أمانة يا بحر…

16 02 2010

لملمت أوراقي سريعا فور أن وصلت السيارة اللتي أقلتني من القاهرة، مدينة الزحام و الضوضاء، الى شاطئ الأسكن100_1230دريه الأزرق الساحر الجمال. أخذت الأوراق من المقعد الخلفي و الكرسي من صندوق السيارة و سرت متلهفاً للقاء البحر كمهاجر عائد لأحضان محبوبته. أعبر الكورنيش بحذر، عين على الطريق و الأخرى على صفحات المياه الزرقاء.

بسرعة كنت جالساً على اللسان المفضل لدي في وسط البحر، و من خلفي أترك مبنى سان ستيفانو الجديد الفاره الطبع و التصميم. جميل المبنى ولكني دائماً ما أحسست انه يفقد مدينة الأسكندر رونقها و عراقتها و اصالتها. أترك من خلفي الكورنيش الواسع و السيارات الحديثة التي تدهسه بسرعتها الجنونية و سائقيها اللا مبالين لما هم فاقدين. أحس أحياناً أنّي أحقد على أهل هذه المدينة الجميلة، فهم يعيشون فيها طوال العام و يتمتعون بجمال شاطئها وقتما شاءوا فصارو لا يكترثون و لا يشعرون له بحنيني.

اجلس على كرسي الصغير لأشاهد أمواج البحر، ترطتم بأحجار اللسان مرة و تحتضنها مرات أخرى. يجلس على تلك الأحجار الصيادين من مختلف الأعمار و الطبقات. يرمون مع كل طعم يضعونه في سنانيرهم همومهم و متاعب الدنيا لتأكلها سمكة شاردة أو تذيبها مياه البحر المالحة فيخرج خطاف السنارة خاليا من خيبة أمل و بأخرى.

العنوان هو لأغنية لمحمد منير

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In the name of beauty

12 02 2010

The original article: In the name of beauty.

Having studied in Canada for four years, coming back to Egypt was quite a shock in several different respects. One of the most striking however, was the prevalence of plastic surgery among people I know who are my age–in their early and mid-twenties. At first, I completely dismissed the idea and treated the phenomenon as ridiculous, but not long after, I found myself examining my body in front of the mirror trying to figure out what could possibly be changed or fixed. This is when I realized what "peer pressure" really is.

Speaking to Hisham el-Minawi, assistant professor of plastic surgery at Cairo University, confirmed my view on the phenomenon. He says that he receives women from all age groups that want to have plastic surgery, however, young women in their twenties form a large portion of this group. And surprisingly, the phenomenon is not restricted to a certain social class or to those in specific fields of employment.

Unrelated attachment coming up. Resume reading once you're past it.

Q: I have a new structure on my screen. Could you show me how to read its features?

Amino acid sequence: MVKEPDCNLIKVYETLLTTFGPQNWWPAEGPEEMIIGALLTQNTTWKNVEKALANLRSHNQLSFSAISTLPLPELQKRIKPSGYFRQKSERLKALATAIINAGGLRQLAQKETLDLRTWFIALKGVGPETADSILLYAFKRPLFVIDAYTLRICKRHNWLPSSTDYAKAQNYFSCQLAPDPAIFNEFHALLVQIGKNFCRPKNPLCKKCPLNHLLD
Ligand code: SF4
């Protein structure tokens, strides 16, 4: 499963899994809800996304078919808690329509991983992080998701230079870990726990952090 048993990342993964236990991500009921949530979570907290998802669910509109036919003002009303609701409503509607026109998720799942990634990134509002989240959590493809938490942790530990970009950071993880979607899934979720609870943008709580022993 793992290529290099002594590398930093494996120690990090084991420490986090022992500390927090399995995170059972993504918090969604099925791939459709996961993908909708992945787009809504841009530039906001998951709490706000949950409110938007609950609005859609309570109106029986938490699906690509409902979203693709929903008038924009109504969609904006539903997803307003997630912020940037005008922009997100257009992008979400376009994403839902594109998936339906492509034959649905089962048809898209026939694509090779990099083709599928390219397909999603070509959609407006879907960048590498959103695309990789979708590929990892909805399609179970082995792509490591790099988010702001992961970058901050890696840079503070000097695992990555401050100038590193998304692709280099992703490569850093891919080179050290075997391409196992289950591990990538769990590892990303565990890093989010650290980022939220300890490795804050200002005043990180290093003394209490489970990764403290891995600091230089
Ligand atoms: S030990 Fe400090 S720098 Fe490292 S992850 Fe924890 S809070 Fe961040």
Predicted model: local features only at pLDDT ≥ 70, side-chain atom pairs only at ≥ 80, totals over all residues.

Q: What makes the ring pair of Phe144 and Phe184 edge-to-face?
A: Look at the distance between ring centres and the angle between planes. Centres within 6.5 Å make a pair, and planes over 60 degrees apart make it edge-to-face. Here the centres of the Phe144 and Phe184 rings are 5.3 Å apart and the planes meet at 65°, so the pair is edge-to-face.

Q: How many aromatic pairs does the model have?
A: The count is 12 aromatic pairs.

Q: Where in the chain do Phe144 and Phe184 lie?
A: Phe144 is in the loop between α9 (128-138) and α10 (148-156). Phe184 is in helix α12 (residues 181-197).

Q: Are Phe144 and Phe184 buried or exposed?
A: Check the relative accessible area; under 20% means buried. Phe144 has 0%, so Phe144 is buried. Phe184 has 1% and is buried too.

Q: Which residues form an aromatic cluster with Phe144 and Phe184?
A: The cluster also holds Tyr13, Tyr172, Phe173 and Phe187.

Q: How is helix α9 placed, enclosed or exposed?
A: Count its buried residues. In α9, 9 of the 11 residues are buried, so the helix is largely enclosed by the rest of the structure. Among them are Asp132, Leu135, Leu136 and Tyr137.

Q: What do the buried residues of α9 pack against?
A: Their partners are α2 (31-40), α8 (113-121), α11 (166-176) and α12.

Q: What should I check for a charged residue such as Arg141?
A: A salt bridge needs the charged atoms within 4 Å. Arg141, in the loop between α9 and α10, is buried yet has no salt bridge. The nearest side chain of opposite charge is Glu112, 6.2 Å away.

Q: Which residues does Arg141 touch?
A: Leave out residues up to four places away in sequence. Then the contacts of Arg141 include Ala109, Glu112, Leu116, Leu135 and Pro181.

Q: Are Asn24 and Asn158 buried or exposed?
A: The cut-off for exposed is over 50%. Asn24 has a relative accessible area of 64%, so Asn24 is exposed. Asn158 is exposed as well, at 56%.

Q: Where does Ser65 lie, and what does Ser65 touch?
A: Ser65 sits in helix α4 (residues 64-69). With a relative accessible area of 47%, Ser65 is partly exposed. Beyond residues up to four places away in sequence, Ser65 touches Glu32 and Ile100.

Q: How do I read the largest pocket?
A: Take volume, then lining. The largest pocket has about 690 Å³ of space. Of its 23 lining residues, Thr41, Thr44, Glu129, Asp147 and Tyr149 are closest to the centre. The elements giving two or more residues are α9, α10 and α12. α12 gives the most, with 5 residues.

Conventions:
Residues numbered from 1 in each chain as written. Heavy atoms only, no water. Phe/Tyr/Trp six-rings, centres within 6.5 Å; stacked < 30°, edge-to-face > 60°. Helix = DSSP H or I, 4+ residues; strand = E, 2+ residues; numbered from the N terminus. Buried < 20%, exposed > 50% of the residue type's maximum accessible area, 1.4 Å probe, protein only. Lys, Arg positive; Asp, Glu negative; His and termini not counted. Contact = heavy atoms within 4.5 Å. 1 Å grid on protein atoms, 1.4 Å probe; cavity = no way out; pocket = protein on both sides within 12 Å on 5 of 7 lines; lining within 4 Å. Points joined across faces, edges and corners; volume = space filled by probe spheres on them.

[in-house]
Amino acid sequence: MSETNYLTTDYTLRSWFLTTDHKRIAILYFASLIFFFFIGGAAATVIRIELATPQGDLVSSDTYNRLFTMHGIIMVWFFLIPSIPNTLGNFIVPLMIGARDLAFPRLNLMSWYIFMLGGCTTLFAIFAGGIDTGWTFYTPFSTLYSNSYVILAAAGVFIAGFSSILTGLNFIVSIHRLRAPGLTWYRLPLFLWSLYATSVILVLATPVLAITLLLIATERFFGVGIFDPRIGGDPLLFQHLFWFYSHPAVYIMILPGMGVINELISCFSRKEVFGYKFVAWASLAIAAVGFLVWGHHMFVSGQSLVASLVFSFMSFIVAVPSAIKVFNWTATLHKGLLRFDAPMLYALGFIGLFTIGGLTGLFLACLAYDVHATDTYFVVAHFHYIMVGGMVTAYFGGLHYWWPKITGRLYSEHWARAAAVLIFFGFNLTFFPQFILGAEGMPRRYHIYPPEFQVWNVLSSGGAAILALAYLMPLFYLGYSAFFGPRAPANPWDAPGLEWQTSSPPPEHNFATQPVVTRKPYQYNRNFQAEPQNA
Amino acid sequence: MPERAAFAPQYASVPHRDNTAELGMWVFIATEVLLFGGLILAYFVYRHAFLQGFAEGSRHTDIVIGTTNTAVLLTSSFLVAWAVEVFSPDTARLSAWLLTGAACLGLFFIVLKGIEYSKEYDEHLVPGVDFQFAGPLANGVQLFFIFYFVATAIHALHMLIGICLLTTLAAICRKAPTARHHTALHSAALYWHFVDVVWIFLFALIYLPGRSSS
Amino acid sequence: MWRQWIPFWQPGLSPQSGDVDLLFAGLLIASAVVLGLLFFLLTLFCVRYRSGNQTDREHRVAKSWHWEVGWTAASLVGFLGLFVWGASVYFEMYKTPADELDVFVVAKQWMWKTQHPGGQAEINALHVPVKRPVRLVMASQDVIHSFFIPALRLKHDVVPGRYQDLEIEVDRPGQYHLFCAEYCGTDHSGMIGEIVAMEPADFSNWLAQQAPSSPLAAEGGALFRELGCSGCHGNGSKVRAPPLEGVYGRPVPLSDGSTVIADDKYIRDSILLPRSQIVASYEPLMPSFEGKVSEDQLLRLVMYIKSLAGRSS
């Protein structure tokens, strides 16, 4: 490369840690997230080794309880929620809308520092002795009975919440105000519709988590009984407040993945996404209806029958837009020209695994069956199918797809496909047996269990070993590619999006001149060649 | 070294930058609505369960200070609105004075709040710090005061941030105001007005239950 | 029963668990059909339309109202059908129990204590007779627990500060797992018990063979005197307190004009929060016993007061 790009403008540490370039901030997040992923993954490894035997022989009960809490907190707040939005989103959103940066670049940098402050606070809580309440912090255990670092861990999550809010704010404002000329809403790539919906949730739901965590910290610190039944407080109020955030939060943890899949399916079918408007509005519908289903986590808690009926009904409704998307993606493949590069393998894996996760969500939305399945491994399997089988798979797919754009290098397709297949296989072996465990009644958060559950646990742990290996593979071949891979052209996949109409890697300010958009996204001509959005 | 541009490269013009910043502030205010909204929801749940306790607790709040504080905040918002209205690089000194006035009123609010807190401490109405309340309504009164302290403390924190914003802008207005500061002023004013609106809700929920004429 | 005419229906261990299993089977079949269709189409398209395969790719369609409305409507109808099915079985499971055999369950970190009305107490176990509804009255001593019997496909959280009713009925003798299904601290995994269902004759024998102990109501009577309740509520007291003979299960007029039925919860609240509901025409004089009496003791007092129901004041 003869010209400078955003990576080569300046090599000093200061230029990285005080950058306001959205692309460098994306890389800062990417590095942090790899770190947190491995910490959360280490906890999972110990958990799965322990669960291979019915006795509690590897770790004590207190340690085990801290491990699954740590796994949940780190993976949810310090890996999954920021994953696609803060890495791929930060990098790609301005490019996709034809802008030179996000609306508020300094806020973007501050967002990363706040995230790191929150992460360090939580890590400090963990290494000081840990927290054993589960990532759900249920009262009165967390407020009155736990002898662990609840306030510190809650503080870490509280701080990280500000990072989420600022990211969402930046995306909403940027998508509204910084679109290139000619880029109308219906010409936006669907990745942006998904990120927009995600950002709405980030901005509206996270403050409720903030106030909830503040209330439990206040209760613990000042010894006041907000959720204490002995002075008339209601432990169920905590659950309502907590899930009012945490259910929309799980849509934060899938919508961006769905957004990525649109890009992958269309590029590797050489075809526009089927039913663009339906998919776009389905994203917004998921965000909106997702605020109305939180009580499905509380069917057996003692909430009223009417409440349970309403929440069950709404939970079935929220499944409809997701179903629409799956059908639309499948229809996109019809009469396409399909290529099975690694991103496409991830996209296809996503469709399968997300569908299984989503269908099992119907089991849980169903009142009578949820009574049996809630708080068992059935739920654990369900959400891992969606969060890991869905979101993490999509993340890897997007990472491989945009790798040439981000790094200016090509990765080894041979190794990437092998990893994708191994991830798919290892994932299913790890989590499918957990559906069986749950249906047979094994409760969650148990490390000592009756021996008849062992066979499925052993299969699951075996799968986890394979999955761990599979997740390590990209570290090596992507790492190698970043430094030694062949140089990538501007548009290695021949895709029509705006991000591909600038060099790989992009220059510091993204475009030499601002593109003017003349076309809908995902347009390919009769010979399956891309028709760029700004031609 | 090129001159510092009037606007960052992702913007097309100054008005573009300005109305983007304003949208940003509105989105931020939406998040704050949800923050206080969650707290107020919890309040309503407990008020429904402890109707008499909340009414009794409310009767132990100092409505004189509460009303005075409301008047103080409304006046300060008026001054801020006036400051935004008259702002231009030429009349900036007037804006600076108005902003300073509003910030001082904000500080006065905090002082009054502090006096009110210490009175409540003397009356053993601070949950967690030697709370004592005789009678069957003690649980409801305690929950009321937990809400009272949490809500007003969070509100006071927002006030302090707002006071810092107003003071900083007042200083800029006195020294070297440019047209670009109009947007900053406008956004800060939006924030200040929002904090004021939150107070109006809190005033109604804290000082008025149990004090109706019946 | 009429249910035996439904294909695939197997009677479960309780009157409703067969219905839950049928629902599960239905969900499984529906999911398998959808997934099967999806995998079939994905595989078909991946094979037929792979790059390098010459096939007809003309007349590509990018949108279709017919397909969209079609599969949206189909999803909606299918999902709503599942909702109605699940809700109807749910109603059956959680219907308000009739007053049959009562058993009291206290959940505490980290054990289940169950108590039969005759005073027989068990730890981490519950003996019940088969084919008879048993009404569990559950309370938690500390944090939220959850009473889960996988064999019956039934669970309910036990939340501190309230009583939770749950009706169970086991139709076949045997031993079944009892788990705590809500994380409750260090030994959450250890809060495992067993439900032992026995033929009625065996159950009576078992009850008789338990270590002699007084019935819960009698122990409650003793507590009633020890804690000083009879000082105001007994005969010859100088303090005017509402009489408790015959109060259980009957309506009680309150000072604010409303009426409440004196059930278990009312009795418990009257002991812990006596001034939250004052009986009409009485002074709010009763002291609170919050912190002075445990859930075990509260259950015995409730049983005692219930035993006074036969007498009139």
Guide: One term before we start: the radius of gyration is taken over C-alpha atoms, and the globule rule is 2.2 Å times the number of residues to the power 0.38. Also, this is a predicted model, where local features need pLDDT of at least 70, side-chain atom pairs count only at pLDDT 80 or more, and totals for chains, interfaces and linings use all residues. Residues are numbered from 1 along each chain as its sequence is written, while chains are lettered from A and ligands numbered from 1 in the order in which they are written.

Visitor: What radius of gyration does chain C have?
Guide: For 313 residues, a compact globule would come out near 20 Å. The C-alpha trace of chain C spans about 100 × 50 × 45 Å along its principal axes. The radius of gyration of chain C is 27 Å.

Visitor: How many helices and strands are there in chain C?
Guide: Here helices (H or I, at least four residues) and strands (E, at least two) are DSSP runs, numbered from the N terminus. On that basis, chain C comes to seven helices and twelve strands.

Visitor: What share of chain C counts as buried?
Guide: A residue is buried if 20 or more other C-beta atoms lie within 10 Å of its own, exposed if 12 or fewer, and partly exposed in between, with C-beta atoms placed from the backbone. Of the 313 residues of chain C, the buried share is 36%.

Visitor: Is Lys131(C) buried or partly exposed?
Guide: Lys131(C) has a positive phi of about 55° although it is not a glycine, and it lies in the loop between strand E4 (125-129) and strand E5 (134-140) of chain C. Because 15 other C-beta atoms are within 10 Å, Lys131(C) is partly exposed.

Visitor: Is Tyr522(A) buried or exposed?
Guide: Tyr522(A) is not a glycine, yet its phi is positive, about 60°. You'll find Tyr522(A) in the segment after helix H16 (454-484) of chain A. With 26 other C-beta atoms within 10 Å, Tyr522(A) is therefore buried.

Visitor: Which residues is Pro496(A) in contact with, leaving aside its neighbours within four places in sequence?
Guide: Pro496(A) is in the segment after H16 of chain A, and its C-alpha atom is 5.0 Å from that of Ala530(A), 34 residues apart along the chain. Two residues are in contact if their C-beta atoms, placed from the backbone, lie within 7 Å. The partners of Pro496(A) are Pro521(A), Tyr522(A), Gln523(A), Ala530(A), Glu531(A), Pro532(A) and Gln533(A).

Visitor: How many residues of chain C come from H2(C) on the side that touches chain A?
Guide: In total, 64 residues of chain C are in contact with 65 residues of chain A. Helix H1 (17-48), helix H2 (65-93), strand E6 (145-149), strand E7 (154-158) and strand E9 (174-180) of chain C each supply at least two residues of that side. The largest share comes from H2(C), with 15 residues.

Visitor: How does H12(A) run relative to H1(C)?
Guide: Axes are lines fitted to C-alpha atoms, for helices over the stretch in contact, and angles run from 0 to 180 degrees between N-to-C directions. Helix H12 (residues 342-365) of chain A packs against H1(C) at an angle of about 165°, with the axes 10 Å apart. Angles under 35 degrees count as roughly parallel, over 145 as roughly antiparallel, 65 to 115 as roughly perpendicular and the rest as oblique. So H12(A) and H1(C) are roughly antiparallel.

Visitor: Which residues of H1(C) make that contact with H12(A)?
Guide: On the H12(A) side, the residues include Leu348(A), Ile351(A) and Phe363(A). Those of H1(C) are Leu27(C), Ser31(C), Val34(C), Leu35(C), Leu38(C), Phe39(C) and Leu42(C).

The plastic surgery hype started in Egypt as early as 1998, mainly due to the influence of the internet and satellite television. Previously, women had to go abroad to get things done, however the introduction of non-surgical and less invasive procedures paved the way for more women to get their problem areas fixed without the side effects of surgery. These procedures led women to consider the possibilities of surgery as a beautification option. The use of local anesthetics rather than general anesthetics also made the procedures safer.

“Women in their twenties usually go for liposuction because of a new fashion in clothes, and a breast reduction so that they can wear bikinis comfortably,” says el-Minawi. Both liposuction and breast reduction help women look better in swimming suits.

The introduction of low-rise pants has led women to believe they have problems in the abdominal area, mainly love handles, which was not a problem for earlier generations. This phenomenon has led to an increase in the number of young women asking for liposuctions.

Many women today still want to look pretty without the risk of surgery. Thanks to non-surgical procedures, their wishes can come true.

Hussein Ghanem, a cosmetic and consultant dermatologist believes the prevalence of surgery has diminished over the past ten years, as some non-surgical treatments have replaced surgery. For example, deformities in the nose can now be cured using fillers instead of a nose job, and lipolysis can be used instead of liposuction in some cases–although it is only 70 percent effective. Lipolysis is most effective in localized areas, such as love handles, double chins, and small bellies.

According to Ghanem, the most widespread treatment is lip augmentation, because women want to look like the Lebanese stars they see on TV.

“Social pressure to look ideal physically is to blame for the increase in the use of these treatments by young women,” says Ghanem, adding that people who usually decide to have these types of treatments already have a healthy lifestyle and are looking to improve their physicality, not just get an easy fix.

Speaking to some of the young women who went through surgical treatments confirmed el-Minawi’s speculations.

“I got a nose job done when I was 19 years old, because I felt uncomfortable with the shape of my nose. I did not like how my nose looked after surgery but I got used to it later on,” explains Dalia, a pharmacist in a multinational company. She said she would consider other procedures if she felt they were necessary.